by Peter Levenstrong
Last night, I stayed with friends in New York City, friends I hadn’t seen since before the start of the pandemic. My college buddy is living with his girlfriend of two years, and even though they’re far past the new-relationship phase (which arguably is truncated severely when sheltering in place together), it was my first time seeing the two of them together. And it was a delight and a surprise to experience how many new things there were in my friend’s life, that hadn’t been a part of it two and a half years ago.
One item became a topic of conversation, the statue of Ganesha placed over one of the doors. My friend’s girlfriend being Hindu, it seemed perfectly natural for them to have a Hindu religious artifact in their house; Ganesha, the “remover of obstacles,” presiding over the entrance to the room, guiding and caring for those who might pass below.
Having discussed Ganesha just last night, it struck me from today’s reading how the Holy Spirit is so often depicted as a God who places, not removes, obstacles in the path of Her followers.
“They went through the region of Phrygia and Galatia, having been forbidden by the Holy Spirit to speak the word in Asia. When they had come opposite Mysia, they attempted to go into Bithynia, but the Spirit of Jesus did not allow them; so, passing by Mysia, they went down to Troas” (Acts 16:6-8).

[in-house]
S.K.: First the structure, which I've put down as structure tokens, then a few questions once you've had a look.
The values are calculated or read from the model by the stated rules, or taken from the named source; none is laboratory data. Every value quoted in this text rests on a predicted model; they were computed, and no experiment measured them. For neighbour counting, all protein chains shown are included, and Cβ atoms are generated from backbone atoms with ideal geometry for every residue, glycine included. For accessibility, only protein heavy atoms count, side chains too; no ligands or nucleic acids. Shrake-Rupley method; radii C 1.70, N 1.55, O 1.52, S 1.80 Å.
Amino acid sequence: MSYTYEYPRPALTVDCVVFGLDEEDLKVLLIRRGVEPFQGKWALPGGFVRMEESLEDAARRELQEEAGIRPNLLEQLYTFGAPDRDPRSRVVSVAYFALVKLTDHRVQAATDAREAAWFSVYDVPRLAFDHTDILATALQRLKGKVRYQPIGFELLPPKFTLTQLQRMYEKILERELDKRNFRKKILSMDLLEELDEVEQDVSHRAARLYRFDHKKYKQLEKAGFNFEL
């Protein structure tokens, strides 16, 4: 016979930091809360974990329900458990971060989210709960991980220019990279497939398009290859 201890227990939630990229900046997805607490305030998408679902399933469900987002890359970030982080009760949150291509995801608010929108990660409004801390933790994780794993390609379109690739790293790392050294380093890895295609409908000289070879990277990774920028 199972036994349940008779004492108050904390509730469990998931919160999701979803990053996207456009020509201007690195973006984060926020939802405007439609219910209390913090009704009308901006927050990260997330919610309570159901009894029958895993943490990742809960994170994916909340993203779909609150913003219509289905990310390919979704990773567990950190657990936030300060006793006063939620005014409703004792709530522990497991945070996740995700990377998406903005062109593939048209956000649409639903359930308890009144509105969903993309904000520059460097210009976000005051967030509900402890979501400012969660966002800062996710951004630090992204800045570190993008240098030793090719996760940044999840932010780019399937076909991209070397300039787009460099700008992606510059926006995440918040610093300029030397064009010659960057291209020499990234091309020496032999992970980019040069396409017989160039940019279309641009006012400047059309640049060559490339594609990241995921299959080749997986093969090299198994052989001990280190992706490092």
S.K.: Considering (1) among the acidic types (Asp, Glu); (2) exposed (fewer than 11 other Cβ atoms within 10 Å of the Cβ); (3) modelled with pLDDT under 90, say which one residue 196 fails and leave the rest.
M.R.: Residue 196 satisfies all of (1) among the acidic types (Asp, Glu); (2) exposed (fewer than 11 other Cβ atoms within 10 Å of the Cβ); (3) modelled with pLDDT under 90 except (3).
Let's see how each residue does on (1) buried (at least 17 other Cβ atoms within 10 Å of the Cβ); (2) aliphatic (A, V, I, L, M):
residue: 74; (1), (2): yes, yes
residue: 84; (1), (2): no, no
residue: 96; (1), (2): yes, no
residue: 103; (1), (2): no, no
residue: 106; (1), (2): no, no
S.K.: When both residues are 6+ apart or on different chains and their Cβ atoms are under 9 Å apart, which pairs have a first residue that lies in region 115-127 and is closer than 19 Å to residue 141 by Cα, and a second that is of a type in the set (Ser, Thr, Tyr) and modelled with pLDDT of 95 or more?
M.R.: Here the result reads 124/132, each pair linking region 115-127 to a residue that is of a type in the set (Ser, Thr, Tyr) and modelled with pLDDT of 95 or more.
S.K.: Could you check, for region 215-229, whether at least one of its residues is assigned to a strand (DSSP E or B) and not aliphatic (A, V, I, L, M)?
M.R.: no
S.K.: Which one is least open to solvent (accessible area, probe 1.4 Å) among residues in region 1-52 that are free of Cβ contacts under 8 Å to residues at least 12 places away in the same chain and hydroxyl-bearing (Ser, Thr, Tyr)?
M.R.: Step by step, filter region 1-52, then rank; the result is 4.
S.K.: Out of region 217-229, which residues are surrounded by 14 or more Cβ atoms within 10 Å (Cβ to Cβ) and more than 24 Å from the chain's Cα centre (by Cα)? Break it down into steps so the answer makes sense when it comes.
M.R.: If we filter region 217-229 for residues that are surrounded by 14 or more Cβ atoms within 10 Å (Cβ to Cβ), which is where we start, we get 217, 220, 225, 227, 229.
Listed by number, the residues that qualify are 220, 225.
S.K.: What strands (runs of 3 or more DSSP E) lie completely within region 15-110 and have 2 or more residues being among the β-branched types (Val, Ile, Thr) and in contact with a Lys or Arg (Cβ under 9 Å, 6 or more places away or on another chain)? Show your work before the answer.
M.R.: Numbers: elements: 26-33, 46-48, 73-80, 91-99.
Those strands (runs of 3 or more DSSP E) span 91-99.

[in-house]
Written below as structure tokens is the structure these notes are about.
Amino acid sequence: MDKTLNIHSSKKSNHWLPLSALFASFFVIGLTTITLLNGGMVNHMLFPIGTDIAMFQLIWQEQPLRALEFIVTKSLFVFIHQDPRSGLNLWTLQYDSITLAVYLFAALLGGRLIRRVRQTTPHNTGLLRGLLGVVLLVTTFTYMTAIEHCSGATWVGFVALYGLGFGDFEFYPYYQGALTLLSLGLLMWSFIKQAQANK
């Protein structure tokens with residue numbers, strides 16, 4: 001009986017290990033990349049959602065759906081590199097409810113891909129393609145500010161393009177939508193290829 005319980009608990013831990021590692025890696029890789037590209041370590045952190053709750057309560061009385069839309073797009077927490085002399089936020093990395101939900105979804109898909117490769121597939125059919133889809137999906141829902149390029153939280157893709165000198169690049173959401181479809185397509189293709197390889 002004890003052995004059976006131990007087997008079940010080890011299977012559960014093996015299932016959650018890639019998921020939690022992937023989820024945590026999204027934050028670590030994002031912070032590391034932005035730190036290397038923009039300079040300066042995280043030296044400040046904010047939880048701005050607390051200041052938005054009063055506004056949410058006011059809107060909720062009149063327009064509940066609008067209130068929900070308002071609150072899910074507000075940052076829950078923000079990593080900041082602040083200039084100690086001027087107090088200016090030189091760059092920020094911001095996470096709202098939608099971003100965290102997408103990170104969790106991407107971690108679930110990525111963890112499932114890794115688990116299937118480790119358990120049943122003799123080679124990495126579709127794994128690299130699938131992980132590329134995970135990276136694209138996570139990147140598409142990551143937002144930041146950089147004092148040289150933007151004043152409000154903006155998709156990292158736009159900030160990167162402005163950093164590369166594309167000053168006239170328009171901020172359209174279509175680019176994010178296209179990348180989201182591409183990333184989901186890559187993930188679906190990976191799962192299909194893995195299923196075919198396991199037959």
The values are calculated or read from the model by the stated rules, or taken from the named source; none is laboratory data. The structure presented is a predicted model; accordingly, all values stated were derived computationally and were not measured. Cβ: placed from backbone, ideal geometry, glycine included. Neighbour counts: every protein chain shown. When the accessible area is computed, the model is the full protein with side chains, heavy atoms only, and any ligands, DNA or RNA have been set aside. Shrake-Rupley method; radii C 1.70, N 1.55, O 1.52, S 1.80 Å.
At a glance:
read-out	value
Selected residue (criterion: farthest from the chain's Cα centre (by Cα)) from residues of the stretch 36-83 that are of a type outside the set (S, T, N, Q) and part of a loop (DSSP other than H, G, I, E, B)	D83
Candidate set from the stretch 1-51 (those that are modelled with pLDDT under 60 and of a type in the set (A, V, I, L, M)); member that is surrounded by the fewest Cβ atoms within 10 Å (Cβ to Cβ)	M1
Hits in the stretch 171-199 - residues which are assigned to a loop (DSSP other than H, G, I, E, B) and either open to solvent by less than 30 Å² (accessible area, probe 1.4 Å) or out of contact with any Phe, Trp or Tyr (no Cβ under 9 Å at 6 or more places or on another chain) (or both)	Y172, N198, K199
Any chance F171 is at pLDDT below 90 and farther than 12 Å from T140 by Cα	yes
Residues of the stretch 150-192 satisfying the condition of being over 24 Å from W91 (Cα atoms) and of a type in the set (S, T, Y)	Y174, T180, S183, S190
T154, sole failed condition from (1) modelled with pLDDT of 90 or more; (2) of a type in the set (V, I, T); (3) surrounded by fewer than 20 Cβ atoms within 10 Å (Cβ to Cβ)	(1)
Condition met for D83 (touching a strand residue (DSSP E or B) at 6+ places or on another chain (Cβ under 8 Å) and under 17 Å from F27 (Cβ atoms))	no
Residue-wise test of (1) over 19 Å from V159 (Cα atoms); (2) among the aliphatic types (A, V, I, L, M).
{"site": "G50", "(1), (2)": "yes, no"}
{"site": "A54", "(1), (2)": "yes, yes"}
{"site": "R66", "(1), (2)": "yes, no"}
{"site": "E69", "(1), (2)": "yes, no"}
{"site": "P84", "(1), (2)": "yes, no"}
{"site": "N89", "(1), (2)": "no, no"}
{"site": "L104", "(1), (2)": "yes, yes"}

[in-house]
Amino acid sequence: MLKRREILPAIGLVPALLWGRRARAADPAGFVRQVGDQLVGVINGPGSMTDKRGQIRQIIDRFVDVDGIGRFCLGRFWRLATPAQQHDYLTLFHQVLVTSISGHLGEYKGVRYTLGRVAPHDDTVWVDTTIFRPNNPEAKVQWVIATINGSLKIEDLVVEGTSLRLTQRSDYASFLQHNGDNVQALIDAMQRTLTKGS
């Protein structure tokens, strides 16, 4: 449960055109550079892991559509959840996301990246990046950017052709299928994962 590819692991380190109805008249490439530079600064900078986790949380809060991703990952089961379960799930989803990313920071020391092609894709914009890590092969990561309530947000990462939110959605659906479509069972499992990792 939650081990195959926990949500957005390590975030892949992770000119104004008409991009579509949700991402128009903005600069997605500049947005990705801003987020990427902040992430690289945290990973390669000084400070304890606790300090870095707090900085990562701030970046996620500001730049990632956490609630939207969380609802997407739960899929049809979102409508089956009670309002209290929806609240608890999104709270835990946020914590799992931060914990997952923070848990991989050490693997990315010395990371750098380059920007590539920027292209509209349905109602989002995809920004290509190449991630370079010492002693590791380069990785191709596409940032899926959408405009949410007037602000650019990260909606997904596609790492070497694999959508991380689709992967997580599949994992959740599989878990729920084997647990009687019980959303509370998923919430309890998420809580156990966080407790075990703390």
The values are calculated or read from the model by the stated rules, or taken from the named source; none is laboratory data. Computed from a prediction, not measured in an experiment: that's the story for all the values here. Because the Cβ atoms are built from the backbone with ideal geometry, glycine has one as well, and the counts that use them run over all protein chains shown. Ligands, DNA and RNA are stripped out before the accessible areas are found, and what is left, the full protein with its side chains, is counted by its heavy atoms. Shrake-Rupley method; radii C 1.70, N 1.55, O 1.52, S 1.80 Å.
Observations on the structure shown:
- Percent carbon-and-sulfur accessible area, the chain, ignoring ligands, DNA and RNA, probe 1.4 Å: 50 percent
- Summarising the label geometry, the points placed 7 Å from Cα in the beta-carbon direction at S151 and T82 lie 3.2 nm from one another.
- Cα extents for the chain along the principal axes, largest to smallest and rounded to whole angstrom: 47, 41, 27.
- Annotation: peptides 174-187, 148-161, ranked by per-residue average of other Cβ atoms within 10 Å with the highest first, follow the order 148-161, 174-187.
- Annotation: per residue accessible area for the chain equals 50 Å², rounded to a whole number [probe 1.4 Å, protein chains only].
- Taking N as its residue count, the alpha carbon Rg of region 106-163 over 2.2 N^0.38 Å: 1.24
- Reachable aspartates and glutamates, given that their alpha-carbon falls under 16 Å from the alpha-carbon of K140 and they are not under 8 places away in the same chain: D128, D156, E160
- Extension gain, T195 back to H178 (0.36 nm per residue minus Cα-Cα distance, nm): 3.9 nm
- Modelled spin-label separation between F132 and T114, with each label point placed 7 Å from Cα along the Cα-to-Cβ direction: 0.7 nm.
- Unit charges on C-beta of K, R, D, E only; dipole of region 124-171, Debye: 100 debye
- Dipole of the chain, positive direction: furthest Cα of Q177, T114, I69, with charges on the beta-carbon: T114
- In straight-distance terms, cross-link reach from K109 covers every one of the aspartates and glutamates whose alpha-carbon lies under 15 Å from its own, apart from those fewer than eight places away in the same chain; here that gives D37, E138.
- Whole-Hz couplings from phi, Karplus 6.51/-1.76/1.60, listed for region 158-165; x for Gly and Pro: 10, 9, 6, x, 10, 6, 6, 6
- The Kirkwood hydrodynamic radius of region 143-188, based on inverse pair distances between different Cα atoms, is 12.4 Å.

What does it mean for us as Christians to worship a God who places obstacles in our paths? In fact, what drove the author of Acts to interpret obstacles as being from the Holy Spirit, rather than the forces of evil? Wouldn’t it make more sense to interpret obstacles to the spreading of the Gospel as being devil-sent, and not God-sent?
There is no indication that these obstacles saved the Apostles from some greater evil, like we might think of the traffic jam that saves a traveler from getting on the plane that crashes. There is no indication that they changed their mind about wanting to go to Asia or Bithynia to preach the Gospel. Rather, the text seems to indicate that they simply trusted that whatever obstacles blocked their way were placed there by the Holy Spirit, for reasons unknown to them.
Their trust is powerful. Not only do they believe in a God whose ways are not our ways, whose thoughts are not our thoughts (Isaiah 55:8); but it also displays how their profound and abiding belief in a God who makes all things work together for good, for those who are called according to God’s purpose. (Romans 8:28)
I don’t have a clear-cut idea as to how Christians should respond when God stifles our plans for reasons we may never comprehend. I don’t pretend to have that trust, myself, so I certainly can’t say that Christians should all be like Paul and Timothy in this regard. And I certainly don’t have an answer to what it means that we worship a God who is not only a remover of obstacles, but also a placer of them.
Perhaps what I can say is simply this: that we can trust in a God who sometimes places obstacles in our path, but who also sometimes removes them. And that we can trust that She will remove the obstacles that are in our ways when the timing is right.
Peter Levenstrong is Associate Rector at St. Gregory of Nyssa Episcopal Church in San Francisco. Having grown up non-religious, he enjoys bringing “a fresh pair of eyes” to explore the Christian tradition, and is particularly interested in the intersection of faith and justice. You can find more of his sermons at https://peterlevenstrong.wordpress.com/Follow us on social media